Study Advice

Principles of Effective Studying I Principle 1: Being Organised

By Ollie Lovell - 3 minute read

These tips are based off an article written by Ollie Lovell. Lovell is the head of senior mathematics and a learning specialist at a secondary college in Melbourne West. He also works with the Monash Faculty of Education on the Q-project, exploring what quality use of education research can look like in schools.

Have a plan:

Ollie Lovell explains that having a plan of exactly what you want to study and how you are going to put that to action is essential. Your plan should include your teacher's advice such as what they expect you to be doing. Also you should keep in mind what content is the most important and thus should be your priority. 

Keep track of your progress:

Make sure your recording all the questions and concepts you are having trouble with. These should be clearly written out in as much detail as possible. When you have a difficult problem, you should follow these steps:

  • 1

    Stumble accross a difficult question

  • 2

    Mark it as difficult

  • 3

    Try to solve it (reread your textbook, think logically and ask a friend or teacher)

  • 4

    In your own words, write detailed notes of the question or concept and how you solved it

Revisit hard concepts:

When faced with a difficult problem, simply doing the above steps is not going to automatically mean that you know how to handle all likewise questions. You will likely forget the difficult concept so it is important to revisit hard concepts. You should track your progress to ensure that you are getting closer to fully mastering these questions. To fully understand difficult concepts, it is essential that you make a time to revisit these tricky concepts.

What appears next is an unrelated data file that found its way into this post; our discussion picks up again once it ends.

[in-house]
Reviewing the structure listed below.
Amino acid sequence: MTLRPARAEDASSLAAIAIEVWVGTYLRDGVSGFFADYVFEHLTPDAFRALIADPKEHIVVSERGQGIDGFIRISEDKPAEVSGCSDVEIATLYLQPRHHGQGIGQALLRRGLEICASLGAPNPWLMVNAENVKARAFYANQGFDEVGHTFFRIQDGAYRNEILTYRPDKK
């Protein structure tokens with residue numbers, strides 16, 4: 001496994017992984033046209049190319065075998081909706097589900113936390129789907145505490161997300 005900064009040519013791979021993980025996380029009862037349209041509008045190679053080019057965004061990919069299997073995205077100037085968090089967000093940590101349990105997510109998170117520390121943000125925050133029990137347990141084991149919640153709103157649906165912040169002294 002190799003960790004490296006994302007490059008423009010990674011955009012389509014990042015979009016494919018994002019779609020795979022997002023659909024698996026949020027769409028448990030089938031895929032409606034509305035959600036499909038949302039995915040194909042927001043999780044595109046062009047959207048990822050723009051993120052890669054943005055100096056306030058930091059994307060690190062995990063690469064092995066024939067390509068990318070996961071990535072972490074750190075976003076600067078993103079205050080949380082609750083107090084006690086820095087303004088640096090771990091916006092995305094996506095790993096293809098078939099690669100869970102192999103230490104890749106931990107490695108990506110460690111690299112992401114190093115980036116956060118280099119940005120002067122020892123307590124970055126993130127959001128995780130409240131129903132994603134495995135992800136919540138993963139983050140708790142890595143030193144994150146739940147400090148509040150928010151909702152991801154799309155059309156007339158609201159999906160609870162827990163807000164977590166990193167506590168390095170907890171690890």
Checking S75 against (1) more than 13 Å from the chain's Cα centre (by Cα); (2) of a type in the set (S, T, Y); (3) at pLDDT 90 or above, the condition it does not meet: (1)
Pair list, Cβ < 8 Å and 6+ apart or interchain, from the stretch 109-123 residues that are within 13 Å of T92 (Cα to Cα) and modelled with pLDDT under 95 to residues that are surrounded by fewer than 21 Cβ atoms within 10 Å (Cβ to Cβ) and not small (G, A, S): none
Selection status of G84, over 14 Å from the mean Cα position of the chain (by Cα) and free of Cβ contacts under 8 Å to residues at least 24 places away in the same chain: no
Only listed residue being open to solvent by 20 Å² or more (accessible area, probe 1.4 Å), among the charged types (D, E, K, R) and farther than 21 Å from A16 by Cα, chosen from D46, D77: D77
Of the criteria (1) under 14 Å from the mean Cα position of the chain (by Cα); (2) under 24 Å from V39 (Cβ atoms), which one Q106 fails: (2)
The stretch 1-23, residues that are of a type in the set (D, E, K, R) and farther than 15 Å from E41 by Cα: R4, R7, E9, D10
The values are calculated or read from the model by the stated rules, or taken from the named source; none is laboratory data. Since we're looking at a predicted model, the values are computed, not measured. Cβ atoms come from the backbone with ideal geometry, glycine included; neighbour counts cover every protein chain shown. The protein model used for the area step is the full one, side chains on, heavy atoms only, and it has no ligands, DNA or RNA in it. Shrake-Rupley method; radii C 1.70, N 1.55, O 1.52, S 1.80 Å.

There are many ways to track your progress, but these are the three best ways that Lovell recommends. 

1. Keep a checklist

  • Leave a few pages in your notebook blank for any questions you struggle with.

  • If you get a question incorrect or find a question that takes you longer to do than normal, write it down in those blank pages.

  • Make sure you are being very detailed and writing down exactly where you found that question.

  • Write down the textbook name, chapter and the question number.  

  • Draw a few checkboxes next to each question. Each checkbox represents the amount of times you have revisited the question.

  • Tick each checkbox after you have revisited the question.

  • Be consistent.

2. Manually space your repetition:

  • Each time you get a question wrong, copy it onto another piece of paper.

  • Shuffle up each hard question. 

  • Re-do them.

  • Sort them into three piles: eary, medium and hard. 

  • Each day study some new questions and re-do some questions in the medium and hard piles.

  • Continue doing this until the questions in the medium and hard piles move to the easy pile. 

  • Once or twice before your SAC and exam, do all the questions from all the piles again.

3. Use spaced-repetition software: 

  • Create an Anki account.

  • When you get a question wrong, enter it into Anki by taking a photo or scanning a PDF version of the question onto the site.

  • Everyday go through Anki and re-do questions you found challenging. 

We hope you have found this helpful. Of course, if you have any questions or feedback, feel free to contact us!

The Studyclix Team